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Young & Jackson Hotel

One of Australia's most famous hotels stands at the north-west corner of Swanston and Flinders streets on part of the block originally purchased by John Batman in 1837 for £100. Part of the allotment was purchased by Henry Jennings in 1852. By 1853 a three-storey bluestone building had been constructed on the site, occupied on the ground floor by butcher James Graham. On 1 July 1861 John P. Toohey opened the Princes Bridge Hotel. The licence was subsequently transferred to James Hogan (1862) and Joshua Roberts Mooney (1866), and in 1875 taken over by Henry Figsby Young (1845-1925) and Thomas Joshua Jackson (1834-1901). The Dublin-born pair had previously held the license of the Sparrow's Hotel in St Kilda. In 1914 Young sold his interests in the hotel to Stephen Morell. Marcel Gilbert purchased the hotel in 1979 for $1 680 000, undertaking extensive renovations, and in 1986 it was purchased by the brewery division of the Bond Corporation. Australian Leisure and Hospitality bought the hotel in 1998. While the building itself has undergone many generations of alterations and extensions, it remains one of Melbourne's principal landmarks at the city's southern gateway. The controversial painting of Chloe was installed in the hotel's saloon bar in 1908, and the building has long been associated with the electric sky-signs above its fa├žade. In the decades following World War II, Dante Triaca conducted a restaurant at 'Number One Swanston Street'.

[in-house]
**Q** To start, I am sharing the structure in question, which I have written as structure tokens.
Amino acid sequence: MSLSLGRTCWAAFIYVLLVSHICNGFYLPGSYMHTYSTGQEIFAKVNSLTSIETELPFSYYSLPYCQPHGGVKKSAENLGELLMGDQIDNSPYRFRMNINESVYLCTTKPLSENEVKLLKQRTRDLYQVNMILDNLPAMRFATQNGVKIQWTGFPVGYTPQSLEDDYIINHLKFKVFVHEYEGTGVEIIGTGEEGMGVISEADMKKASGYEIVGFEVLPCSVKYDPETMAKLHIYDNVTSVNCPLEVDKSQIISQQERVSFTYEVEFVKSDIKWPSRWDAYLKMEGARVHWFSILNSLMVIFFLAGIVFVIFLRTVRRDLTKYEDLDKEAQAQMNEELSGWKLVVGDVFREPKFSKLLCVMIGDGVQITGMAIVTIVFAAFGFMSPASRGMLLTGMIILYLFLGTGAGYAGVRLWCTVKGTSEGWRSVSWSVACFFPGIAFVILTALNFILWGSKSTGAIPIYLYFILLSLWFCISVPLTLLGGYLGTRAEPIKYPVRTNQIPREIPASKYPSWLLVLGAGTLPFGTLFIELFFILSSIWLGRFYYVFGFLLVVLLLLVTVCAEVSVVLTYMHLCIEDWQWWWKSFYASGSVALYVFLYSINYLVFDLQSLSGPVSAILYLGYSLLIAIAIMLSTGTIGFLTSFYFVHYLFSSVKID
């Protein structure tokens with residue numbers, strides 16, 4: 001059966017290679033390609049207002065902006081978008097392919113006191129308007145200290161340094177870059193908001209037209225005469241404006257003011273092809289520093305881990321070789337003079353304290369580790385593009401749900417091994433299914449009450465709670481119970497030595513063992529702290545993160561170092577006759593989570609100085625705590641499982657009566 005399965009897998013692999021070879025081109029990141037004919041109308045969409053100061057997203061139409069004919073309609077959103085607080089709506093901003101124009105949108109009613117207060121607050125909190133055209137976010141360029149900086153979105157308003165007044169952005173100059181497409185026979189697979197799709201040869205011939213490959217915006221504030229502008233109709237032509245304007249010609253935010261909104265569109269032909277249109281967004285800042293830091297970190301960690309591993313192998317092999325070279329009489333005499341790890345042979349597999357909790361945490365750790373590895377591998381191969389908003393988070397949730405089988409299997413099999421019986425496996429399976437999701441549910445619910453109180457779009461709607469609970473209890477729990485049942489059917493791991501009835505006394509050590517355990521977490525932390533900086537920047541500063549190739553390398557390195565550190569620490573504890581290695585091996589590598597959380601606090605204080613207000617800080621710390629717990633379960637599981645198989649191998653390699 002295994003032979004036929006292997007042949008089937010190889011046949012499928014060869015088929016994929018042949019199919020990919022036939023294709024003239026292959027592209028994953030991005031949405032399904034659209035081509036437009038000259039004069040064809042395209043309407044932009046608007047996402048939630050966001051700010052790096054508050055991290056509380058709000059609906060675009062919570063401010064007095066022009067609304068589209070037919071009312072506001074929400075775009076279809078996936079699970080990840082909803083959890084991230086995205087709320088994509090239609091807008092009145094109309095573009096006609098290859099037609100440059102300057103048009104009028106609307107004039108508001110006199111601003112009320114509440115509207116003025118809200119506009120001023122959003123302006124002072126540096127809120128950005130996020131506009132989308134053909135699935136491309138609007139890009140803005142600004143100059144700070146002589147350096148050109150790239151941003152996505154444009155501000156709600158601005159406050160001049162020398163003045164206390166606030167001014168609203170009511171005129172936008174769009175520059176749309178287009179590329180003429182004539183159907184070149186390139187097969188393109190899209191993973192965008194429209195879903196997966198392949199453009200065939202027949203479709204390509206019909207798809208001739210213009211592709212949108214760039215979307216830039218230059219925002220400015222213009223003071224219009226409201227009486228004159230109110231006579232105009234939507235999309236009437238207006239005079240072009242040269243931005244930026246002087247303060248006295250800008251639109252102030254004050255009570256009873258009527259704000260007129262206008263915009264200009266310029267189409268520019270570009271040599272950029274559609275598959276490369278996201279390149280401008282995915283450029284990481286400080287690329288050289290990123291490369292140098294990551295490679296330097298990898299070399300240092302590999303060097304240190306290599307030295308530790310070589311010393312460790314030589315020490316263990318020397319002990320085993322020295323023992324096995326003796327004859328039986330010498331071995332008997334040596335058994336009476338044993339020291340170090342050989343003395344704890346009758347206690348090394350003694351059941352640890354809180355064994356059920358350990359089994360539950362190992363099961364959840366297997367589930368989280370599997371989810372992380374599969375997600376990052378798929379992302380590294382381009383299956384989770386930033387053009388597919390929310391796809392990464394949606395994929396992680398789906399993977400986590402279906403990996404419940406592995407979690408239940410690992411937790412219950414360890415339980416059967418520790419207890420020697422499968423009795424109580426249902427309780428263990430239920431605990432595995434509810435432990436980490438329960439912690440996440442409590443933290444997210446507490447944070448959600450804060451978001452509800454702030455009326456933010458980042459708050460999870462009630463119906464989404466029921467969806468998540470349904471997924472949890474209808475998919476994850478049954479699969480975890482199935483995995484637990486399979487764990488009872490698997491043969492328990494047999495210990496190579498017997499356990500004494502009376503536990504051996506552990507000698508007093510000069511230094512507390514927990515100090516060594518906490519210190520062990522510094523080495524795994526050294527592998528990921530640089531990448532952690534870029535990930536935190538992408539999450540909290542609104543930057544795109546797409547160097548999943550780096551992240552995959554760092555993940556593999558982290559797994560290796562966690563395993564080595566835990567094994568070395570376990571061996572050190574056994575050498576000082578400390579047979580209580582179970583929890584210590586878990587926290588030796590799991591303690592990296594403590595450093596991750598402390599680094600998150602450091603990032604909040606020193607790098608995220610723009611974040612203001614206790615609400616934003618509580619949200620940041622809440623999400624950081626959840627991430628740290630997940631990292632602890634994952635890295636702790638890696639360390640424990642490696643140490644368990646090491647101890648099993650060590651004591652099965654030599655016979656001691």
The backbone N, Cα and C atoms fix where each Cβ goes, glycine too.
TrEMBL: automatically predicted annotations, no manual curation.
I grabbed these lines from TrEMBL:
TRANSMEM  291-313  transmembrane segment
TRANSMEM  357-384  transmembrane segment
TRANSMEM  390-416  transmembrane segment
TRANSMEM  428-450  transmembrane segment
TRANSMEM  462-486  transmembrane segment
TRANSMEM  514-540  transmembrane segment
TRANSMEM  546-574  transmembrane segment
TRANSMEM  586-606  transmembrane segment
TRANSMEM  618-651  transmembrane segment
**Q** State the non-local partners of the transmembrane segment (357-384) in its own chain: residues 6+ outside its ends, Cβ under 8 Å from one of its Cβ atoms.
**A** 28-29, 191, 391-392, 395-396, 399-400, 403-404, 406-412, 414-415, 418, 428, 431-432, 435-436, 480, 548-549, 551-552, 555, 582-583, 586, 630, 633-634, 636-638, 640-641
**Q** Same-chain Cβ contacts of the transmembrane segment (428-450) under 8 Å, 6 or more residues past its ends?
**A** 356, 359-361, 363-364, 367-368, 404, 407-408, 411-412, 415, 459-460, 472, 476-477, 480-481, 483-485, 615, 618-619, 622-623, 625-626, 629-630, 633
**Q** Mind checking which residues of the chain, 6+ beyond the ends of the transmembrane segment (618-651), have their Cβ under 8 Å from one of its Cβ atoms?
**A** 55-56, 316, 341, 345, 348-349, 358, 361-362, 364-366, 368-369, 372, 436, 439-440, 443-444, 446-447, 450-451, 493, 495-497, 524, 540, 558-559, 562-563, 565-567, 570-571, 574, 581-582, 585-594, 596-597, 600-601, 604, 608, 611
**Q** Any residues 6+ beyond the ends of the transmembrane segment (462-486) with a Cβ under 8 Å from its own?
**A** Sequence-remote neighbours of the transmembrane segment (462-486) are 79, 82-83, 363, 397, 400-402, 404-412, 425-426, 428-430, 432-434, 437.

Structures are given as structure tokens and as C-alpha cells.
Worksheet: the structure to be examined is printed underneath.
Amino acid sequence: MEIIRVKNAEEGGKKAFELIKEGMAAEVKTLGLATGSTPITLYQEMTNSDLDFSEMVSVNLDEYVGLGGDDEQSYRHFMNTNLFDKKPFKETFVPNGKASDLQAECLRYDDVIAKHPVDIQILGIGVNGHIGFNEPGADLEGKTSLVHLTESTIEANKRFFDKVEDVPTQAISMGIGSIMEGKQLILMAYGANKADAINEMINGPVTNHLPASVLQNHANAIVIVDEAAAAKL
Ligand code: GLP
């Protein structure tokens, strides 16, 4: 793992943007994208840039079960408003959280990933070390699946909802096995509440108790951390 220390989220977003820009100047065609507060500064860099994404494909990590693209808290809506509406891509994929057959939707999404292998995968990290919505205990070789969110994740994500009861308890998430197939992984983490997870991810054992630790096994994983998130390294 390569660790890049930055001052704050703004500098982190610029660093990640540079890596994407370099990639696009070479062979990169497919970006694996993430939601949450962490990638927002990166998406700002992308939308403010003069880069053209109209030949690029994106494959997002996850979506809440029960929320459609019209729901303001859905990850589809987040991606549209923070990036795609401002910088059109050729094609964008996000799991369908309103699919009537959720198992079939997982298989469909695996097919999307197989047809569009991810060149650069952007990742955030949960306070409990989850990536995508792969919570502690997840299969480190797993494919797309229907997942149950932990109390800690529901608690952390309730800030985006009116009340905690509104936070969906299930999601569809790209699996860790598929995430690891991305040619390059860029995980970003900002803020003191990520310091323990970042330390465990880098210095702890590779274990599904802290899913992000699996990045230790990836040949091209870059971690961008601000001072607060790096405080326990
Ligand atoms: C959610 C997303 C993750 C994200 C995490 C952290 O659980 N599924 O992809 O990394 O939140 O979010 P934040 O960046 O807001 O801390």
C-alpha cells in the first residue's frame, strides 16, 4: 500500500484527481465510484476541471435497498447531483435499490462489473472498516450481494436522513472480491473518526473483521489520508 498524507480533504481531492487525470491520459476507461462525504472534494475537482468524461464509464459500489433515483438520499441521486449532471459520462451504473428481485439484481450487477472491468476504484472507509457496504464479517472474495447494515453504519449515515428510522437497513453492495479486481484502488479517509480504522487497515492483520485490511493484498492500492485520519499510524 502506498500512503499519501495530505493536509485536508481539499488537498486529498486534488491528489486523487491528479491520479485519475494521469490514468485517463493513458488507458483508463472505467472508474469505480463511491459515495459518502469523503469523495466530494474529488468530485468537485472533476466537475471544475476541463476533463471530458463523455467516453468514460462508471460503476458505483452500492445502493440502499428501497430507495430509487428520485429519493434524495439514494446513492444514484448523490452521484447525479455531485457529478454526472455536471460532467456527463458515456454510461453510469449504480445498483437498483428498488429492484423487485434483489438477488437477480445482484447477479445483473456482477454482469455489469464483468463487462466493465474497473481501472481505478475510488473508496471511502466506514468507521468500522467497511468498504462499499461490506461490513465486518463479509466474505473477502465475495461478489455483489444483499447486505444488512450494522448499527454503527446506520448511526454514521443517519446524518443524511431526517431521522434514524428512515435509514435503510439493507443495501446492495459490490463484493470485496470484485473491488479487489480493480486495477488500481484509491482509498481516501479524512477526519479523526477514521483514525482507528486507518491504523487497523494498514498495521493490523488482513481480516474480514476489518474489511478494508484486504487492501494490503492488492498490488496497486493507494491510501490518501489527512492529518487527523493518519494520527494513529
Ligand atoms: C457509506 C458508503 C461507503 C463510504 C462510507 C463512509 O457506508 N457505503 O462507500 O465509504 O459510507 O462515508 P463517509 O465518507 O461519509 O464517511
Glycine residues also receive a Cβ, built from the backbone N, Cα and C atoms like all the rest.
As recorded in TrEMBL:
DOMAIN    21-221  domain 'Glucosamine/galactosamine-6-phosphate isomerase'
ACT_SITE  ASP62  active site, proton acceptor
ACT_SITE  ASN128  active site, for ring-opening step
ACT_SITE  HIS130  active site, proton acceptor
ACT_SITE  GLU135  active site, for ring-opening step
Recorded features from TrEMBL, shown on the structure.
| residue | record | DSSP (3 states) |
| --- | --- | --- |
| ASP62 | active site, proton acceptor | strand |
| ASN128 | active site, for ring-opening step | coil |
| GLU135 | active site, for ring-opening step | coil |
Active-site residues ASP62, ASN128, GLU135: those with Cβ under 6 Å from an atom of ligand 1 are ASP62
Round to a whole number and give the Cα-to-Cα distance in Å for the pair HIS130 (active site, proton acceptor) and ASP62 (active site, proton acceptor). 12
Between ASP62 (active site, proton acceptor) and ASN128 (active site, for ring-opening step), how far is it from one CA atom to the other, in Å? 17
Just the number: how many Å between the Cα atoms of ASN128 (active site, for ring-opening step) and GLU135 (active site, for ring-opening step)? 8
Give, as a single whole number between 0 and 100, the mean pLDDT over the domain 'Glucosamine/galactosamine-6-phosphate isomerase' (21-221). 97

Andrew May

Schumer, Leslie A., 'Young and Jackson's', RHSV Journal, vol. 54, no. 1, March 1983, pp. 41-5. Details